Epidemics, famine, and economic conditions in the Old World fueled the influx of new immigrants in the 1870s and 1880s and continued to transform Beacon Hill’s ethnic diversity. During this time, a large number of European Jews, as well as immigrants from Ireland, Italy, Greece, Syria, Latvia, and Jamaica fled to the United States and settled in this area of Boston.
Vilna ShulTemple on the Mount
The Vilna Shul is the last remaining intact synagogue of its ear in Boston, and one of the last remaining links to the Jewish West End of the early twentieth century. With an original congregation made up of Jewish immigrants from Lithuania, the Vilna Shul had its heyday from 1920 through the 1950s, when the decline of Orthodoxy and the growth of Reformed and Conservative Judaism led the local congregation to move to other neighborhoods. Closing in 1985 with only one surviving member, the building sat idle until 1994, when it was rescued and transformed into the Vilna Shul/Boston’s Center for Jewish Culture, a destination and a place of learning for anyone interested in Jewish history, culture, and spirituality.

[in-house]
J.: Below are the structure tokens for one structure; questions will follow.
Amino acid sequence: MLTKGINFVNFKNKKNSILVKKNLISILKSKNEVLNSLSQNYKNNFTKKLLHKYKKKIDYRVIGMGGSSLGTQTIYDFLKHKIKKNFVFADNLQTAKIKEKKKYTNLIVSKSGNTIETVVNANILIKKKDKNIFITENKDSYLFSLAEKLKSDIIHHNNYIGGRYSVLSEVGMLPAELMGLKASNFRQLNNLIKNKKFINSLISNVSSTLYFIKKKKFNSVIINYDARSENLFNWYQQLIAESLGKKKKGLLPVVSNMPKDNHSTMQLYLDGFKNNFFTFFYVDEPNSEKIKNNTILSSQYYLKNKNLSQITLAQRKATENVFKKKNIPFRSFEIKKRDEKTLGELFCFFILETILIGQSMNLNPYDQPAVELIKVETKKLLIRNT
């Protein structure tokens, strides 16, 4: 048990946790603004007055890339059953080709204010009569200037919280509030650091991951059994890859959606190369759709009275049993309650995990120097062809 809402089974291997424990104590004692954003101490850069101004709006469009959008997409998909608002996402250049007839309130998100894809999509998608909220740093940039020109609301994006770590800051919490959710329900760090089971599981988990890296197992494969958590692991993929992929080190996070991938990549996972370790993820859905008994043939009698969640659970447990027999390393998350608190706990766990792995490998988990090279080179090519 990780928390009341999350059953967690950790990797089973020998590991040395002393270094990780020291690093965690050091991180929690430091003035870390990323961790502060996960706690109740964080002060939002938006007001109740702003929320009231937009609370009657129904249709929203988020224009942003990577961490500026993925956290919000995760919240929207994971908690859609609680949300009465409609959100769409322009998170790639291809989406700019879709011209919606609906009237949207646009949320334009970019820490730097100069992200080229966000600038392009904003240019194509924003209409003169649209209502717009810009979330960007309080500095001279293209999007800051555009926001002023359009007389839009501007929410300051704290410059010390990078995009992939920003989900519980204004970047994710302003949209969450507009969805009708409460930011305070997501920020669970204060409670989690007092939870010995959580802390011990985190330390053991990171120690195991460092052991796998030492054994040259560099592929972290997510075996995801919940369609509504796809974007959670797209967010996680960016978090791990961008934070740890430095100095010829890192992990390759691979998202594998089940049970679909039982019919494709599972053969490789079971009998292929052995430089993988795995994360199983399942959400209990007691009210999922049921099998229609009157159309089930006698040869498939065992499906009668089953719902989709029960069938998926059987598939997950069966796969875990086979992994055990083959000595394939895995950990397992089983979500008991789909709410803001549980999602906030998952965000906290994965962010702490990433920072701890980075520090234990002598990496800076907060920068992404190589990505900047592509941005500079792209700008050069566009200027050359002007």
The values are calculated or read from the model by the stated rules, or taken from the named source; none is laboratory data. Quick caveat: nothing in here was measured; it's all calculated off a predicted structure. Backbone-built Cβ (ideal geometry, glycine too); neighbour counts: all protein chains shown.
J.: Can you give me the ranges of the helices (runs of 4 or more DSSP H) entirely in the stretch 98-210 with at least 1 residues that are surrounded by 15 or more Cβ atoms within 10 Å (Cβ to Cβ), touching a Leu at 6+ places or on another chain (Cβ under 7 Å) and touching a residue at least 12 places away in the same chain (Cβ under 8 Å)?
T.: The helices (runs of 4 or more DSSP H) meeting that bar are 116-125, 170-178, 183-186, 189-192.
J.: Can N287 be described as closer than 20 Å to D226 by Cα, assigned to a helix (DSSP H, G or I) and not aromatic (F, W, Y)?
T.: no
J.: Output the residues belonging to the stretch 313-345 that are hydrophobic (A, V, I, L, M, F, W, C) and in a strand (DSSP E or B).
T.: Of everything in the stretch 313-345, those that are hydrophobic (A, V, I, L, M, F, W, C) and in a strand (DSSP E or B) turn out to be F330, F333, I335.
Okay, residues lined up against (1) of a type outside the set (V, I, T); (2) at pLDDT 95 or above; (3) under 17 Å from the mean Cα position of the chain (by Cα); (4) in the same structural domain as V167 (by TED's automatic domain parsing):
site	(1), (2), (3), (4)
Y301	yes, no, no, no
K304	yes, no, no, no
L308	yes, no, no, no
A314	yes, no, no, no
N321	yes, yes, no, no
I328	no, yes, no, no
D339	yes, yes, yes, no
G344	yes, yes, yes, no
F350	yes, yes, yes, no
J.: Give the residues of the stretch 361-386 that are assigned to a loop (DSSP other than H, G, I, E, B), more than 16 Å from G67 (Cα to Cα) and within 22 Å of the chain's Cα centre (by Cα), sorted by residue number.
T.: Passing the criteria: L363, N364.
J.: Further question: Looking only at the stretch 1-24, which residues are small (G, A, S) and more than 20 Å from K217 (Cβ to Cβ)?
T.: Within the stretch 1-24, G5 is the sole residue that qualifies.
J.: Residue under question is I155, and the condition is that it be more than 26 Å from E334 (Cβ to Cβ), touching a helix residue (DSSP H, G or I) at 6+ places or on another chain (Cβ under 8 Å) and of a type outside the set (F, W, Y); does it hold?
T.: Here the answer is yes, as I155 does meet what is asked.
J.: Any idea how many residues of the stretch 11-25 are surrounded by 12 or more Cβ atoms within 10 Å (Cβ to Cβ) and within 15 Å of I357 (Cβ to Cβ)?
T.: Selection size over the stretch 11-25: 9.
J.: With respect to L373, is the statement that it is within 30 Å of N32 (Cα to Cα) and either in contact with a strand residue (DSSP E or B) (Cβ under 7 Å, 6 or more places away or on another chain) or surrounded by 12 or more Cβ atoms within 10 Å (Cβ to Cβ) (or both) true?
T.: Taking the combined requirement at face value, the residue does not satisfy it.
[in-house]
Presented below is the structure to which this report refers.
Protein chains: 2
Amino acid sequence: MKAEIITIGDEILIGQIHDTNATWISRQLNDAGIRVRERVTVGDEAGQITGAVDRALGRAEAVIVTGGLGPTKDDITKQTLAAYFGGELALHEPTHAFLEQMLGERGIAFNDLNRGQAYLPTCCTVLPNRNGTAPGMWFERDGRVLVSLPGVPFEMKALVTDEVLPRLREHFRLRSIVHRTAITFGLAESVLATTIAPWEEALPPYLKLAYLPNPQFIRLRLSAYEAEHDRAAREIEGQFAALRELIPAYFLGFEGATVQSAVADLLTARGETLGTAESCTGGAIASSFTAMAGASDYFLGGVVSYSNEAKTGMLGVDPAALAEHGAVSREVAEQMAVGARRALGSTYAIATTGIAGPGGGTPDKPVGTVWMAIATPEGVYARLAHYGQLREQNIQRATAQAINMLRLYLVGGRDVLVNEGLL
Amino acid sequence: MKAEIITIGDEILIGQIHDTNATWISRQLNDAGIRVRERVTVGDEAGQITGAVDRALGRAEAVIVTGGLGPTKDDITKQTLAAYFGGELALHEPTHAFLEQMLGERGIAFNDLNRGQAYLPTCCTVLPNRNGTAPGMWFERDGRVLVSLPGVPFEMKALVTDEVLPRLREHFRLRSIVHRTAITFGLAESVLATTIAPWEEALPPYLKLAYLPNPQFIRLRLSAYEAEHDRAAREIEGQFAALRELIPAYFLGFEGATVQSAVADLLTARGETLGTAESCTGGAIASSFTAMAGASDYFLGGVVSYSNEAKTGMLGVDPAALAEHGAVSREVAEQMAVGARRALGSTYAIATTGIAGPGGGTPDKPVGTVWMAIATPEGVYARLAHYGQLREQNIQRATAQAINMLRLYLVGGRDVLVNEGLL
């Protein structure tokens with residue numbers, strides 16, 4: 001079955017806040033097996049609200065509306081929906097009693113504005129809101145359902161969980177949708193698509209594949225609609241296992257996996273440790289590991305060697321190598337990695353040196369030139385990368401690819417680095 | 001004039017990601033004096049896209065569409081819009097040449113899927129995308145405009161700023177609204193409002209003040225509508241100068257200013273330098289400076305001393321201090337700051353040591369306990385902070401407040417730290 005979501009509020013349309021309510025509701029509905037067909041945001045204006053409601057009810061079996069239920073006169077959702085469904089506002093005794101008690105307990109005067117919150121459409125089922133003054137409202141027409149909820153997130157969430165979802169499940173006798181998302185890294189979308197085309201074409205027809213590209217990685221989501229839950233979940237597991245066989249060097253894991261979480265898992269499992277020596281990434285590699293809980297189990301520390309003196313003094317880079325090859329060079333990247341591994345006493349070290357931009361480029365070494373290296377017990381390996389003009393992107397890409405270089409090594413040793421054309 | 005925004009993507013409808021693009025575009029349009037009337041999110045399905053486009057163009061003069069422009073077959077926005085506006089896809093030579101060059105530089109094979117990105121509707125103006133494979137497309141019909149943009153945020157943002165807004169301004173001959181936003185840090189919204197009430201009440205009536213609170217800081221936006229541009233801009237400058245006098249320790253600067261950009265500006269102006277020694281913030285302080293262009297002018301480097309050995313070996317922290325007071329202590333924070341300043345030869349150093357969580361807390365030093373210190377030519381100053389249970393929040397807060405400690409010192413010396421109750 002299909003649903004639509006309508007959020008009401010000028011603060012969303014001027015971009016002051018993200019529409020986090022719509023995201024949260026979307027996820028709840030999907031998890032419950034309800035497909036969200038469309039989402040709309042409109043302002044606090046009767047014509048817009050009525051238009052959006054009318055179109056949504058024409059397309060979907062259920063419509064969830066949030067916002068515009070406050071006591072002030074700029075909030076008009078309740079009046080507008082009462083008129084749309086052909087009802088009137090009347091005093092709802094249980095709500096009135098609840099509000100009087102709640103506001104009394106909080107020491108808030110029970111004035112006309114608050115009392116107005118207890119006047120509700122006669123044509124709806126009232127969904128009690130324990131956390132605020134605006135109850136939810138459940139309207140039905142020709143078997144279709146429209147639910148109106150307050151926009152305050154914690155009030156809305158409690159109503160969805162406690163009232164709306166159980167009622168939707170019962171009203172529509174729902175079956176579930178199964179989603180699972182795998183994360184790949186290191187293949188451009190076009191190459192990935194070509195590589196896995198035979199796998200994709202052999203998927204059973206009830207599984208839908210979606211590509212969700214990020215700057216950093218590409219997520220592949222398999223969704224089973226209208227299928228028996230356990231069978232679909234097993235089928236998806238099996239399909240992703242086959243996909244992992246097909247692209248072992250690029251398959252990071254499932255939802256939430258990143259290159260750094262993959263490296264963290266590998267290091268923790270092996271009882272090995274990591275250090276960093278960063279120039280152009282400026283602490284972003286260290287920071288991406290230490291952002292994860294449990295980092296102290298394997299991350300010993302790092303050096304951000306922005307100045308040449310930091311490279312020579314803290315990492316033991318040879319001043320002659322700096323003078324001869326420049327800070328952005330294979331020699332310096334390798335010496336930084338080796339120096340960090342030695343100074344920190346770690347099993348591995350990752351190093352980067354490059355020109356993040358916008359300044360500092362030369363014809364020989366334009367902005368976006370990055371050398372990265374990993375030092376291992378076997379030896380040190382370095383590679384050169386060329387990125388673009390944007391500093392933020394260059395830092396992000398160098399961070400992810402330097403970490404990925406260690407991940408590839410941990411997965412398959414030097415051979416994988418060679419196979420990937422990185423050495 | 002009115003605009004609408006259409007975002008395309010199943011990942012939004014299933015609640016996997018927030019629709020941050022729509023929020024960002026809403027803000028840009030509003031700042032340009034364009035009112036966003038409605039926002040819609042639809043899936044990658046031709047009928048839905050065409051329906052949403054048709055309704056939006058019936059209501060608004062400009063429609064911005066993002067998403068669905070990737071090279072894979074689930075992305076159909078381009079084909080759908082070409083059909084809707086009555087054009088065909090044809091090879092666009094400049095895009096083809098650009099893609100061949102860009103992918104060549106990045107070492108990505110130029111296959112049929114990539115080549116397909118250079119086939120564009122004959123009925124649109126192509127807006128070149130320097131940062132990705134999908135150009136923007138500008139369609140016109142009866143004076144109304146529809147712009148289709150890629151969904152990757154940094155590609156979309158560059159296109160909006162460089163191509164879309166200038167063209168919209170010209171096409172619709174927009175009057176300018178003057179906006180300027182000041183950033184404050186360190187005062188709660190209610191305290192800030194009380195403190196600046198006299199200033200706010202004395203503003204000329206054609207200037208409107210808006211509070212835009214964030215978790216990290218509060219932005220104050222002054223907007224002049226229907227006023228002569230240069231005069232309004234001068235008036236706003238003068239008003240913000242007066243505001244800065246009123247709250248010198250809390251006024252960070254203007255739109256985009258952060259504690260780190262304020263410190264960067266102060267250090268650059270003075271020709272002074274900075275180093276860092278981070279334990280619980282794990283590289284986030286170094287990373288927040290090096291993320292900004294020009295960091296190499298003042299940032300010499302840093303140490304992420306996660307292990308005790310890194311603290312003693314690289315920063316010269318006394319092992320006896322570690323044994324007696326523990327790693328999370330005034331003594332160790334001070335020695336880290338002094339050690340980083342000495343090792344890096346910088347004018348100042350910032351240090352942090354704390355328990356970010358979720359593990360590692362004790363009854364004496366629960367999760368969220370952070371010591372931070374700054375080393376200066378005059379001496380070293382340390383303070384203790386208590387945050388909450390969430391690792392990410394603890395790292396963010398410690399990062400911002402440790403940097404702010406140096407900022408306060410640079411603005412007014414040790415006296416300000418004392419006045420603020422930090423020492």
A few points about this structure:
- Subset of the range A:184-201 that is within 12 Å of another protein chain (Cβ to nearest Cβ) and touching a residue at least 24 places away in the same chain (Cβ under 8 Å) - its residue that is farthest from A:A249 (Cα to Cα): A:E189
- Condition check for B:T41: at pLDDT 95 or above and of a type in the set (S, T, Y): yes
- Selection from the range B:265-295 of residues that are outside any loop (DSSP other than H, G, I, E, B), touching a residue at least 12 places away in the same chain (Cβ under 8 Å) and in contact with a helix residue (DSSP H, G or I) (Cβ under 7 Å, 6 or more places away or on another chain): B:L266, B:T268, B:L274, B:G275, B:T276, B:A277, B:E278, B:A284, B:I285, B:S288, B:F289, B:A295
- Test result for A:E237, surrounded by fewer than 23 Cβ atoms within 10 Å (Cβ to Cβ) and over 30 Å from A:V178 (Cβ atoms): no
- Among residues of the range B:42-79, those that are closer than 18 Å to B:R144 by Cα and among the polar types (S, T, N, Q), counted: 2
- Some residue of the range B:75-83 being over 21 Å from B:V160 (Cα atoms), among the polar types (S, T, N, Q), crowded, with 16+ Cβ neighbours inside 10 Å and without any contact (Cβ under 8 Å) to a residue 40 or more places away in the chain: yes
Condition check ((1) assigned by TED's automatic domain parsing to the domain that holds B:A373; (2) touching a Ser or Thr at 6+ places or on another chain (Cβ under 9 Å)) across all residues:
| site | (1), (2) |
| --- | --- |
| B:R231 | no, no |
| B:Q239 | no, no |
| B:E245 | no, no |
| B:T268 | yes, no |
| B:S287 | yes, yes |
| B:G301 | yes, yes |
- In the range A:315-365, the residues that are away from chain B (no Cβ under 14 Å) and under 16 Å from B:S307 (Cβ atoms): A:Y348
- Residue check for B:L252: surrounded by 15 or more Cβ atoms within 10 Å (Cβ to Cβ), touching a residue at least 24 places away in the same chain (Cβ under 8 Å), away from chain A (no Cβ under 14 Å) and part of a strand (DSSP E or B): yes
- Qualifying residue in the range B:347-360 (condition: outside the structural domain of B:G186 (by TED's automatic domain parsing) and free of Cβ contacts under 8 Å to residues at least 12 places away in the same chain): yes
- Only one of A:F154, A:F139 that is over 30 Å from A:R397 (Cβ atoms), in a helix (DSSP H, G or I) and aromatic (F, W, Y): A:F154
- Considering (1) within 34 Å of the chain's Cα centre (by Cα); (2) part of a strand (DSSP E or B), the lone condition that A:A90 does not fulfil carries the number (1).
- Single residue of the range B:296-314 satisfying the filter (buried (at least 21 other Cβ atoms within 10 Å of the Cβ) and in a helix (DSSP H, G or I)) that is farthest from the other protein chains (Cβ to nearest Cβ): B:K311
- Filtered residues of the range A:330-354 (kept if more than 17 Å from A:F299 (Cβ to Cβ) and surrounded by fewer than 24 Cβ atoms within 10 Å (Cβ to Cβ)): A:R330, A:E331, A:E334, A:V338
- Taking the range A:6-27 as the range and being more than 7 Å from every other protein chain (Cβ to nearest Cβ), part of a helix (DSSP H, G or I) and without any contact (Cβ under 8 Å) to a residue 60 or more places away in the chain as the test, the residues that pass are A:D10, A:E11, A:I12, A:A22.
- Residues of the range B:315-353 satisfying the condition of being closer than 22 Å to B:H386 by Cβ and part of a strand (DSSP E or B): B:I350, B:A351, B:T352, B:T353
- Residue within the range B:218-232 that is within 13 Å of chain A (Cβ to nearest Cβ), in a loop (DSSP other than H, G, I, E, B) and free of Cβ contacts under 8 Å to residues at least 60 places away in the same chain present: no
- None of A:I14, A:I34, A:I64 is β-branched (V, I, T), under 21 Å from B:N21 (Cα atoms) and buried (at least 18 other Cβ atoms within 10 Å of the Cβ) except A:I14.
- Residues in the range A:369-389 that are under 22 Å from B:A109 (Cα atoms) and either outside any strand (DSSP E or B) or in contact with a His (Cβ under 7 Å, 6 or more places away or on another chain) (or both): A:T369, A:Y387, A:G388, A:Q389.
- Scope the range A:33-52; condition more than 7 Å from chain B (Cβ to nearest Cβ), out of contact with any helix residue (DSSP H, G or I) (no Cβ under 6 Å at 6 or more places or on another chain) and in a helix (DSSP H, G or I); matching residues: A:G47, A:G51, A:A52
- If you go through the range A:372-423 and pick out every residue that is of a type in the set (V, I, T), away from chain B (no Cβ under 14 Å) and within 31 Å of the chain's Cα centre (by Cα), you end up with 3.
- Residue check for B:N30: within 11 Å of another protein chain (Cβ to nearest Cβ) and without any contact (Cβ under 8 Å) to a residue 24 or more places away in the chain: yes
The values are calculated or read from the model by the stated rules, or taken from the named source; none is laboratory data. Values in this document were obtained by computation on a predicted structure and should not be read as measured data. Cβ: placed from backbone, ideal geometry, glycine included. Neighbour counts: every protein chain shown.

African Meeting HousePromoting Dignity and Respect for All
Designed by architect Asher Benjamin and built in 1806, The African Meeting House stands today as the oldest black church still standing in the United States. Prior to its construction, black Bostonians could attend white churches but generally faced discrimination, being forced to sit in segregated pews. The Meetinghouse became a place for celebrations and political and antislavery meetings for abolitionists. At the end of the nineteenth century, when the black community began to migrate to the South End of Boston, the building was sold to a Jewish congregation and remained a synagogue until it was purchased by the Museum of African American History in the 1970s and listed as a landmark on the National Register of Historic Places.